15th Jan2018

‘Maze’ DVD Review

by Paul Metcalf

Stars: Tom Vaughan-Lawlor, Barry Ward, Martin McCann, Eileen Walsh, Aaron Monaghan, Niamh McGrady, Ross McKinney, Elva Trill, Tim Creed, Cillian O’Sullivan, Patrick Buchanan, Andy Kellegher | Written and Directed by Stephen Burke

maze-dvd

Prison break movies are always interesting things. Sometimes you get the high-octane thrillers where action is the main focus, but other times you get the more cerebral, that focuses on the plans to escape, and what it took to pull off an almost impossible feat. Maze is one of the more thoughtful prison break movies, made all the more interesting because of the fact it was based around the Irish troubles.

In 1983, thirty-eight IRA prisoners managed to pull off a mass breakout from HMP Maze, the infamous high-security prison in Northern Ireland. To do this though first one of the prisoners Larry Marley (Tom Vaughan-Lawlor) had to gain the trust of prison warden Gordon Close (Barry Ward), a man on the opposite side of the political divide.

Maze is a movie that had a tough subject to convey onto the big screen. The prisoners who try to pull of the escape (which is based on a true story) were IRA terrorists. It does raise questions as to whether we should be hoping for them to successfully escape? What Maze works on though is the fact that the Irish problem was a complex one. One way to highlight the nature of the problems in Ireland is the fact that it is not only Irish terrorists in Maze prison, but also Northern Irish ones too. The film starts by showing this tension in the jail, and gives the reason why the prisoners wanted to escape in the first place. It doesn’t highlight what they were in there for, it focuses on the escape plot itself.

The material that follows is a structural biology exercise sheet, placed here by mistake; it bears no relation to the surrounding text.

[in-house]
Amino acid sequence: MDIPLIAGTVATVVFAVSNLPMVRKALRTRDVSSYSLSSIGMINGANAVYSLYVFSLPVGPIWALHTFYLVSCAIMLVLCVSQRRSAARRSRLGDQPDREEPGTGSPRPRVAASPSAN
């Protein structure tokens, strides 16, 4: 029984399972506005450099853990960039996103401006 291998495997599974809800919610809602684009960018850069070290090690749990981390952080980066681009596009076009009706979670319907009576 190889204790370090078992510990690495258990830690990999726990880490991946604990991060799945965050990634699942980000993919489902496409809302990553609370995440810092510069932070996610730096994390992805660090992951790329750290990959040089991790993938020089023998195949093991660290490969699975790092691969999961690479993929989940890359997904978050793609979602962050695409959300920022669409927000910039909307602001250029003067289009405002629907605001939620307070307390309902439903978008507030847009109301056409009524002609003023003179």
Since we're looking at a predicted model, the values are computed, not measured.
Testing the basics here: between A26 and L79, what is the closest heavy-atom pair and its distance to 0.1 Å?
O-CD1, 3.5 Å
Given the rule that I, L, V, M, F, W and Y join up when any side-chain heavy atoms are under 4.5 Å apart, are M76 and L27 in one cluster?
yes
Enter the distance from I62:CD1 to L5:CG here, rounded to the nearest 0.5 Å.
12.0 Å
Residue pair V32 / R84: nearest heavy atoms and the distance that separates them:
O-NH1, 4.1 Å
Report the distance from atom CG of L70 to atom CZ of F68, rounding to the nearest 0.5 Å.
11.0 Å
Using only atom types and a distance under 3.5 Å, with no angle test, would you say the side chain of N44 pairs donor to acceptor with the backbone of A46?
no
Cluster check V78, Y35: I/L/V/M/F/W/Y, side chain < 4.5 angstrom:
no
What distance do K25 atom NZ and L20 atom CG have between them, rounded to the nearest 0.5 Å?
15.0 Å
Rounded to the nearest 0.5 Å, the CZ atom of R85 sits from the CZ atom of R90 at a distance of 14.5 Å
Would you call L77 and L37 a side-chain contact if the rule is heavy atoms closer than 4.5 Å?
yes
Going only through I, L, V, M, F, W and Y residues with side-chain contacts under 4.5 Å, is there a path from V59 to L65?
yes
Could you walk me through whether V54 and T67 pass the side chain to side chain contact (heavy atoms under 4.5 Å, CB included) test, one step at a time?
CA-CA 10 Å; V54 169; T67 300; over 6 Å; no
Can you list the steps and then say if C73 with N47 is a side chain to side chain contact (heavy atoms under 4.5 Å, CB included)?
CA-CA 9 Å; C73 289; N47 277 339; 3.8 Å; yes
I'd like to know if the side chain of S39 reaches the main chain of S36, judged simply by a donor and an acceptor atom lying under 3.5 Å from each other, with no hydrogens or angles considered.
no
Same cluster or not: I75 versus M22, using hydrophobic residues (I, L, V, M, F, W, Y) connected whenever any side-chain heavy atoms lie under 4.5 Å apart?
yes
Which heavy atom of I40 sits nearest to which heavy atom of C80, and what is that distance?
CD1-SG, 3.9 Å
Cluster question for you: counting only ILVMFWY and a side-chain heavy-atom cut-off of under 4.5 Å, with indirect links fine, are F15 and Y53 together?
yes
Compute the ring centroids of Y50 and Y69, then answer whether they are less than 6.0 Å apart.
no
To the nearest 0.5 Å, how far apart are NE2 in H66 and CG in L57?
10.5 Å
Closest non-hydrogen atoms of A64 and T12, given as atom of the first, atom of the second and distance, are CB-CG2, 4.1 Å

To create Larry Marley as a somewhat sympathetic character we also see that he wants to escape to try to push his son away from joining in the “family trade” as it is called. This gives him a reason to escape, and an understandable one. Again, Maze doesn’t push us to think that Larry is a nice man, he is just the mastermind behind the plot who needs to get out of prison to save his son from making a mistake.

A character we do sympathise with though is Gordon Close. A prison warden we see where his hatred lies when there is an attempt on his family’s life. The job as the warden costs him a lot, and it is understandable why he is harsh on the prisoners, especially with what it has cost him. Still, he does become friends (of a sort) with Marley, which of course leads to his downfall.

The actual seduction of the warden and the plan to escape is a slow process, but it is interesting because it is all about building up information. There are no big action sequences where a character has to sneak into forbidden areas in a make or break move to gain information. This is about subterfuge and manipulation of trust.

When the prison break finally happens, you do pity Marley for the choice he takes to aid his friends. The most sympathy has to be felt though for Close, he was in the wrong place at the wrong time, and he had been manipulated into making mistakes.

What Maze does is to show a story that doesn’t really make anybody a hero, just provides an entertaining movie that may actually make you read up on the real history to see what impact the escape had. Seen as one of the biggest prison breaks in Europe since World War 2 it may not be as jingoistic as a movie like the Great Escape, but it still has a place in history that is a story worth telling.

****½  4.5/5

Maze is available on DVD and Blu-ray now.

Review originally posted on PissedOffGeek
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